An energetic, resourceful procedural starring a heroine who deserves a series of her own.

LOST HILLS

Veteran TV writer and fiction collaborator Goldberg (Killer Thriller, 2019, etc.) auditions a tough, ambitious rookie LA County detective determined to ride a triple murder hard—if it doesn’t destroy her career first.

After stepping up when she was off duty to take down an action-movie star who was smacking his girlfriend around, Eve Ronin suddenly found herself catapulted to the county sheriff’s Robbery-Homicide Division, where the cases are high profile and her male peers are low tolerant. Minutes after she and Detective Duncan Pavone, her older, fatter, more dispassionate partner, shrug off a borderline killing that really belongs to the LAPD, they answer a distress call from a neighbor of aspiring actress/actual waitress Tanya Kenworth to find Tanya, her two children, and her dog missing from their Topanga house, which is awash in blood. As she’s searching the woods around the house for clues, Eve is jumped by a hairy monster she can’t even identify as human before she’s knocked out—an incident she improbably decides to keep secret from Duncan. There’s plenty of convincing evidence that the family was killed, dismembered, and taken away but no evidence that points to any particular suspect. Tanya’s ex-husband, Cleve, seems to have been hours away in Merced when his estranged family vanished, and her ex-boyfriend, Jared Rawlins, was entertaining his rebound hookup. As if determined never to be off duty again, Eve works around the clock to find and pursue new leads, but instead of impressing her colleagues, she just convinces them that she’s a ruthless careerist. Nor do her efforts sit well with her endlessly critical mother, who can’t understand why she looks so disheveled during the TV interviews that make her the face, and eventually the leader, of the investigation. At length, Eve’s tireless work identifies a suspect she arrests, but although he fits the evidence to a T, his smug self-assurance makes her worry that she’s screwed up. And she has, though not in the way she thinks.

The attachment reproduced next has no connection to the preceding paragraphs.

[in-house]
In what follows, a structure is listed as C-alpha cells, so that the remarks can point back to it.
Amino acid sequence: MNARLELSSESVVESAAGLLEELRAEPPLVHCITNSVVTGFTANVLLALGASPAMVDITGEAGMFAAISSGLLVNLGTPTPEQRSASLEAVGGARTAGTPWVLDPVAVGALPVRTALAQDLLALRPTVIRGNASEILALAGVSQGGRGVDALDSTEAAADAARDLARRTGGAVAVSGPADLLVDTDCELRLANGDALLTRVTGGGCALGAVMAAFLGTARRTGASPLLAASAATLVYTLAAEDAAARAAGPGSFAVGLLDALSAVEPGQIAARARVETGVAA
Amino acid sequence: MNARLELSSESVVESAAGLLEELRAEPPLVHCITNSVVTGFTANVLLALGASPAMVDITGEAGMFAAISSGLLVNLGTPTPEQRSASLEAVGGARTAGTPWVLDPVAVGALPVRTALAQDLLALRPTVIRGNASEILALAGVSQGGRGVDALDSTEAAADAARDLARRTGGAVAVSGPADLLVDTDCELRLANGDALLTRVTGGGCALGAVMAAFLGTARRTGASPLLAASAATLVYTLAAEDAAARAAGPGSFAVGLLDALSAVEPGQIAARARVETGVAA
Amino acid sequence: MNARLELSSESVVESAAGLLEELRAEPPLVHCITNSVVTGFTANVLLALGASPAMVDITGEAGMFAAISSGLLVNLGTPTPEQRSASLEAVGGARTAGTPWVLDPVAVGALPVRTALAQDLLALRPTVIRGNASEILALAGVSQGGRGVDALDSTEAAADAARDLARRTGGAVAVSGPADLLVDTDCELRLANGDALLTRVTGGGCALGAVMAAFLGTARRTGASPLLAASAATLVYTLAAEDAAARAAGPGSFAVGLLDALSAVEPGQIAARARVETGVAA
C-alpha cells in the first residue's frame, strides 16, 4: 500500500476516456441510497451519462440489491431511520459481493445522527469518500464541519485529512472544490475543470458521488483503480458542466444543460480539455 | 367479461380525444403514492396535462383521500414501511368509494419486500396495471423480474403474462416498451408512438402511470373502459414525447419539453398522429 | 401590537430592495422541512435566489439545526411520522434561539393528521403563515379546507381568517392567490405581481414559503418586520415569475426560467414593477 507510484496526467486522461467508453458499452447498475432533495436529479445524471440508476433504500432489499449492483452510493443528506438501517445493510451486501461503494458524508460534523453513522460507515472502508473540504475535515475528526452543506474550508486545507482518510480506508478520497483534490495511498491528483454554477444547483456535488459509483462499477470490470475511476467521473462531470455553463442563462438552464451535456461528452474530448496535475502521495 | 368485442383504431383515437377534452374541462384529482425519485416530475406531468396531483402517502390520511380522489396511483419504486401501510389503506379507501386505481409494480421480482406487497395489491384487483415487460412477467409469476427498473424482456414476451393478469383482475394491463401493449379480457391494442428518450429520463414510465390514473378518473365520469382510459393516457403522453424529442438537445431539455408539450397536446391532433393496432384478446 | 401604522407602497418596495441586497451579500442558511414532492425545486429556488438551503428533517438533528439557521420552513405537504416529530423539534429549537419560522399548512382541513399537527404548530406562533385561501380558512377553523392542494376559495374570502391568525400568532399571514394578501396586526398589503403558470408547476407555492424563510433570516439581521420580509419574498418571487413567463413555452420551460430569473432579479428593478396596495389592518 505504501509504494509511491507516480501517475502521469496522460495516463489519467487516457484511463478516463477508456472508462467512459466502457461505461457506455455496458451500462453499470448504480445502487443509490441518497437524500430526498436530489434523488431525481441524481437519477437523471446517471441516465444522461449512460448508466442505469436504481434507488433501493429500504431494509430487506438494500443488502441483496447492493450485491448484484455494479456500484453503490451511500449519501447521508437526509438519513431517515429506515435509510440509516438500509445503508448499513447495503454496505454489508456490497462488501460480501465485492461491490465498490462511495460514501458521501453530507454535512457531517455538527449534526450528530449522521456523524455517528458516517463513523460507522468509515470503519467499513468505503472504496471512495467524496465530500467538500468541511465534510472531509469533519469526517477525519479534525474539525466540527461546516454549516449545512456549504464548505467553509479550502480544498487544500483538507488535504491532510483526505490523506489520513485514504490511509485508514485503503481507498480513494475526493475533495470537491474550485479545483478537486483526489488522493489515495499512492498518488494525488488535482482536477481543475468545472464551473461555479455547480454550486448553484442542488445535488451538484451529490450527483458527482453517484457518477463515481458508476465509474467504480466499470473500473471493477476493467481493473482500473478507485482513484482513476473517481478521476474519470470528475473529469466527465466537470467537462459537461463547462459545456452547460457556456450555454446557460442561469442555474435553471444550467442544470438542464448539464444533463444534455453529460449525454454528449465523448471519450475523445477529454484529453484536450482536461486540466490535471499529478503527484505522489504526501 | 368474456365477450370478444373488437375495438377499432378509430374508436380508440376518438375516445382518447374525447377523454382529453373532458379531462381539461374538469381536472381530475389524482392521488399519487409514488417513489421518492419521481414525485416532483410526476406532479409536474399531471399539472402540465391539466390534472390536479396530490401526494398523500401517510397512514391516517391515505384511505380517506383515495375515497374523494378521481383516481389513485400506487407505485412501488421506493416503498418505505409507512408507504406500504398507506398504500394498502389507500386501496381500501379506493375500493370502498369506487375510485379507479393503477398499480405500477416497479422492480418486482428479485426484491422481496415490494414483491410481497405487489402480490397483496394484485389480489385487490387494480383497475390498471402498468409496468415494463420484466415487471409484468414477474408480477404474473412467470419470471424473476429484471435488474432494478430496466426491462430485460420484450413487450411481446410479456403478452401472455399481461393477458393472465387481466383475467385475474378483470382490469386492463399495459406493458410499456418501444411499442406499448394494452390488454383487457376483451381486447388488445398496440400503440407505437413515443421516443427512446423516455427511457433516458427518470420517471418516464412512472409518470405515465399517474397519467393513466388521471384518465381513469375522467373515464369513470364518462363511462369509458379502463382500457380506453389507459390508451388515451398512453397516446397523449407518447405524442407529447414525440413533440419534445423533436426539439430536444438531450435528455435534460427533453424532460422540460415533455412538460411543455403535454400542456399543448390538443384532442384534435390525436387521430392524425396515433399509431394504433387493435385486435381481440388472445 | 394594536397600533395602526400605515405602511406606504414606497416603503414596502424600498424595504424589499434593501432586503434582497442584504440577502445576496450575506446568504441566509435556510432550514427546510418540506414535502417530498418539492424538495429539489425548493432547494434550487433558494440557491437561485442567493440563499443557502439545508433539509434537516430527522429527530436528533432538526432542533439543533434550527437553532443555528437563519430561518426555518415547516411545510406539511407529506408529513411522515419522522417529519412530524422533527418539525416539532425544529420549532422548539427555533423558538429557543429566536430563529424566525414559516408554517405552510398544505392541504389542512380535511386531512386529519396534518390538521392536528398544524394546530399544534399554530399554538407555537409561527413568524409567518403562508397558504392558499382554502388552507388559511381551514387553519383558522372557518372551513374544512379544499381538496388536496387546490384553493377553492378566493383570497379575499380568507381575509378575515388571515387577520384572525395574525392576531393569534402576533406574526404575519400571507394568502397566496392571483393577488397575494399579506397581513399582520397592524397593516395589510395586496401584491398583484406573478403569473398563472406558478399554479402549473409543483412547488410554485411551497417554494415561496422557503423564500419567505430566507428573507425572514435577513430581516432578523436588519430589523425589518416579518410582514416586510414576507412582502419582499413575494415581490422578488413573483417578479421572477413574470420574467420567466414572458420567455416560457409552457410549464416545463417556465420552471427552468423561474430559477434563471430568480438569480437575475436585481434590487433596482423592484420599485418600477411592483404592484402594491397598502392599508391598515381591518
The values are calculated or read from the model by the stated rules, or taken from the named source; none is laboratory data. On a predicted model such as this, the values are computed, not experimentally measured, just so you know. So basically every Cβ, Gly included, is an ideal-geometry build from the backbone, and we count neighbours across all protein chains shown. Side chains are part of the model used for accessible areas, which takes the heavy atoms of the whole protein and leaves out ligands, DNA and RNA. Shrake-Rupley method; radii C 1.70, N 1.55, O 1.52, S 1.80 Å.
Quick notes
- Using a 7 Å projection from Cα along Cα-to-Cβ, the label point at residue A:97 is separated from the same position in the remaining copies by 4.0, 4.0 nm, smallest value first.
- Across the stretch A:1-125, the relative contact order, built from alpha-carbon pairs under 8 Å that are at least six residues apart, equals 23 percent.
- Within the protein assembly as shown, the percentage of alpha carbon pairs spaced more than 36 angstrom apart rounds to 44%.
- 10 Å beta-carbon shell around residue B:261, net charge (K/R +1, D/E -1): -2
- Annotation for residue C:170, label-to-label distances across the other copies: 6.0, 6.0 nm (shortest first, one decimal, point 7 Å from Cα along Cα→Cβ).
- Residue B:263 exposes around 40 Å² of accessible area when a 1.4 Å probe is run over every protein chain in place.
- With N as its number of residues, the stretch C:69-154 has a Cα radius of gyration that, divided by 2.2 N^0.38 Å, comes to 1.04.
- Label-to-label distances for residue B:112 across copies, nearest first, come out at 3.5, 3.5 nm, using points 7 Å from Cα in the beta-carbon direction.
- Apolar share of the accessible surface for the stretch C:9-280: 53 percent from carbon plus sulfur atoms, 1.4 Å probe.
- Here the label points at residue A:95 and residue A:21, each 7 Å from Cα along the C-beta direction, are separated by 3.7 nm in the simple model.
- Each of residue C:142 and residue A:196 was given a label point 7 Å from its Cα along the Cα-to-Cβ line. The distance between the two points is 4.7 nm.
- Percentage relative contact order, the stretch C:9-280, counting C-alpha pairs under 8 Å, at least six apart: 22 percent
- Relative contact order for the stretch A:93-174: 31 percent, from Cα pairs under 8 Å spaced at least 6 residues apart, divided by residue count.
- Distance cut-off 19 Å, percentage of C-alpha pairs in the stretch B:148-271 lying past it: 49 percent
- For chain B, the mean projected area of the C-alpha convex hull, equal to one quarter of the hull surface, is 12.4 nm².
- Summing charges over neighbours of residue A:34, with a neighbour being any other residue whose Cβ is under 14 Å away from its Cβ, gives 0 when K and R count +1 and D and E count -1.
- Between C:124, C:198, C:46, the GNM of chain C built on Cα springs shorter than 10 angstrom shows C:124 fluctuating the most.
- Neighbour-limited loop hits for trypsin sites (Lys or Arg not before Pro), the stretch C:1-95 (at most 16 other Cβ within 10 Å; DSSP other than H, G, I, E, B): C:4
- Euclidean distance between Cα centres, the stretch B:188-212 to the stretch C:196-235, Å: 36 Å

An energetic, resourceful procedural starring a heroine who deserves a series of her own.

Pub Date: Jan. 1, 2020

ISBN: 978-1-5420-9380-4

Page Count: 240

Publisher: Thomas & Mercer

Review Posted Online: Sept. 13, 2019

Kirkus Reviews Issue: Oct. 1, 2019

Did you like this book?

No Comments Yet

Forget about solving all these crimes; the signal triumph here is (spoiler) the heroine’s survival.

A CONSPIRACY OF BONES

Another sweltering month in Charlotte, another boatload of mysteries past and present for overworked, overstressed forensic anthropologist Temperance Brennan.